Final Fantasy Type-0 Impressions (Fan Translation)

Final_Fantasy_Type-0

So the time has finally come and the fine folks at Sky’s RomHacking Nest have finally released their fan translation of the probably last great PSP game, Final Fantasy Type-0.  I say probably because The Legend of Heroes: Trails in the Sky Second Chapter (such a long title!) is yet to arrive with an English localization. Anyway, being a Final Fantasy fan, I’ve always kept an eye out for any potential Western release, only to be massively disappointed by Square Enix. By all accounts, they already have done the localization work but for some reason decided not to do a release. Not even a digital one on PSN! Anyway, I’ve been playing this game now for a few days, am around 7 hours in so far and wanted to simply give some thoughts.

This is an in-engine scene. A bit grainy, but very impressive for the PSP

This is an in-engine scene. A bit grainy, but very impressive for the PSP

It’s possibly the most technically impressive PSP game ever

I wouldn’t say this lightly. With games like God of War: Ghost of Sparta, Metal Gear Solid: Peacewalker, Monster Hunter 3rd Portable, the PSP has some damn fine-looking games, considering the hardware is from 2005. Square Enix has shown their ability to produce not only great-looking games, but also have them play very smoothly on Sony’s original handheld. Kingdom Hearts: Birth by Sleep and Crisis Core: Final Fantasy VII are the most prominent of examples. What amazes me about Type-0 so far are the sheer production values shining through though. The character models are superbly animated, with crazy detail in their visages and costumes. The art direction is awesome as well. It’s got a very Final Fantasy VIII like vibe, what with the setting being young military students fighting a war, while also hanging out in a large military academy.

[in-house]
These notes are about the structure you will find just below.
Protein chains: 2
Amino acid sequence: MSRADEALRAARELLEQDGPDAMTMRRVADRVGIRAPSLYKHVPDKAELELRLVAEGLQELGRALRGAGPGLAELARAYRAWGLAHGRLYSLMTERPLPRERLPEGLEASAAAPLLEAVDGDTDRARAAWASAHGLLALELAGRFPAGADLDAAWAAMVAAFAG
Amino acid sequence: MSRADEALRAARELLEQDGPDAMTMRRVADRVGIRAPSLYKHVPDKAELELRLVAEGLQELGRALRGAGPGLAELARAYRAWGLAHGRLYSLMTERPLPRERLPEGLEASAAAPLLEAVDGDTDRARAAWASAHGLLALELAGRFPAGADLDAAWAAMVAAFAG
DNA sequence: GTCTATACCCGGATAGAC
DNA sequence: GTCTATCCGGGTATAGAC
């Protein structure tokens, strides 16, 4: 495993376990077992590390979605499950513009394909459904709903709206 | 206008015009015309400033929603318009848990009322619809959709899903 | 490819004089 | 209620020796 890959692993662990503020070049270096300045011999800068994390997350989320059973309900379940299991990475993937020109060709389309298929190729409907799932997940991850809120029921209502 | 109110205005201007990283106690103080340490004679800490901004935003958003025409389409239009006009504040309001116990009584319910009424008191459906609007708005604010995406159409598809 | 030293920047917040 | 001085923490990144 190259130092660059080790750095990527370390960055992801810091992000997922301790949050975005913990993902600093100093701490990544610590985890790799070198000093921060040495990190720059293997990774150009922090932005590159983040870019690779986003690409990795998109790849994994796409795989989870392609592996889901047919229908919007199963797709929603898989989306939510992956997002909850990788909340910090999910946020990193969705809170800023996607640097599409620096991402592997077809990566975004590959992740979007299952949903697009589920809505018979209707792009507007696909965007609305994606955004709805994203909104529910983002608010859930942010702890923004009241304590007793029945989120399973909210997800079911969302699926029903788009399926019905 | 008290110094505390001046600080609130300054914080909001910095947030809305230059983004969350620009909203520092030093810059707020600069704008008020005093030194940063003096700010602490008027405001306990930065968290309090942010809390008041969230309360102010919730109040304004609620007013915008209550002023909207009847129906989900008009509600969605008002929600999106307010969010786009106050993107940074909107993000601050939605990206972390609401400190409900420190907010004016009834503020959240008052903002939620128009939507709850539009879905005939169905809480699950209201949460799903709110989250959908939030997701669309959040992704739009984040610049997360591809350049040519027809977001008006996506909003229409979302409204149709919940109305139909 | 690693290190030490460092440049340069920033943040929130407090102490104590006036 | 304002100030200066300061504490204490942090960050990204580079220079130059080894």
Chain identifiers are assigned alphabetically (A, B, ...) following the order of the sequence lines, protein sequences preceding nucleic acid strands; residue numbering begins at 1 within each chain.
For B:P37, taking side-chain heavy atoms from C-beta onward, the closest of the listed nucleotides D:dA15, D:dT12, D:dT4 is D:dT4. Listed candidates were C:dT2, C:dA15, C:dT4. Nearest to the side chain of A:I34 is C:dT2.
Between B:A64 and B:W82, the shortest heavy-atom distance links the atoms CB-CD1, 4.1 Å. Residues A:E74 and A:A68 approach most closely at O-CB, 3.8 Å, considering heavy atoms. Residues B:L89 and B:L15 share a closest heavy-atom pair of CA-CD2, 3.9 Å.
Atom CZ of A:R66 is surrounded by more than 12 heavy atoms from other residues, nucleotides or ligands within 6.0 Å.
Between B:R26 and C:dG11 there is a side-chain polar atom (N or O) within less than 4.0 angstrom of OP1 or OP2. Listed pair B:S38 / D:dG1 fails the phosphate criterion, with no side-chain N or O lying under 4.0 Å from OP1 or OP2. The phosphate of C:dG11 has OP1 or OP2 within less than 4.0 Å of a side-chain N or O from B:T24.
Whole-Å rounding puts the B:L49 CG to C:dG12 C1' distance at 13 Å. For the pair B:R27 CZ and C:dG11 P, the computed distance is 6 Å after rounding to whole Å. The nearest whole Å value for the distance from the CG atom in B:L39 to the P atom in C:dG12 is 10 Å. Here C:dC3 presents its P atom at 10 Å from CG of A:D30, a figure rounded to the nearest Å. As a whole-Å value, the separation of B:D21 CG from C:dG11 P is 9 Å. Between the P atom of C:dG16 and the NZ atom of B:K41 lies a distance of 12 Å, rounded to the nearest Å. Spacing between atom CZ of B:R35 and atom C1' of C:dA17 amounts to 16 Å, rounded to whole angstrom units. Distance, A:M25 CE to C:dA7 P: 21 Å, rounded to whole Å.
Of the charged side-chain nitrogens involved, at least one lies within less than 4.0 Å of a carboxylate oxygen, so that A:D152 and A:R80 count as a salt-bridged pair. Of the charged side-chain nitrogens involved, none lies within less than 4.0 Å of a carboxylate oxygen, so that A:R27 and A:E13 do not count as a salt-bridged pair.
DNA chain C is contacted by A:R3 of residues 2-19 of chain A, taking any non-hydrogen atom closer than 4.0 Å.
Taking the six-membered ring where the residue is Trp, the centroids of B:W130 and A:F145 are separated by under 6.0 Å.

In battles, you’ll immediately notice how well the camera puts things in scene for cinematic angles without almost any compromise in playability. You have voice acting in all the major (and many minor) story sequences, which are of course kept in the original Japanese (which I like). It’s so much stuff in fact, that the game comes in two UMDs.

The battles have very cinematic view angles, without compromising play-ability

The battles have very cinematic view angles, without compromising play-ability

The real-time battles are fun all on their own

If there is one gripe I’ve had with Final Fantasy moving away from the traditional ATB battle system, it’s that the real time action battle systems have been dissatisfying to me so far. I didn’t much care for Crisis Core‘s button-mashing battle system (and especially the slot machine system), and I’m pretty luke warm about Kingdom Hearts‘ combat. Final Fantasy XII‘s combat was acceptable, but I still like ATB better. There’s something cerebral about it, and it was one of the main pillars of what defined Final Fantasy in my view. So, in spite of all the cool looking gameplay of Type-0 I saw in the past, I didn’t get my hopes up that the actual combat was really much fun. Turns out though, that Square Enix found a winning formula.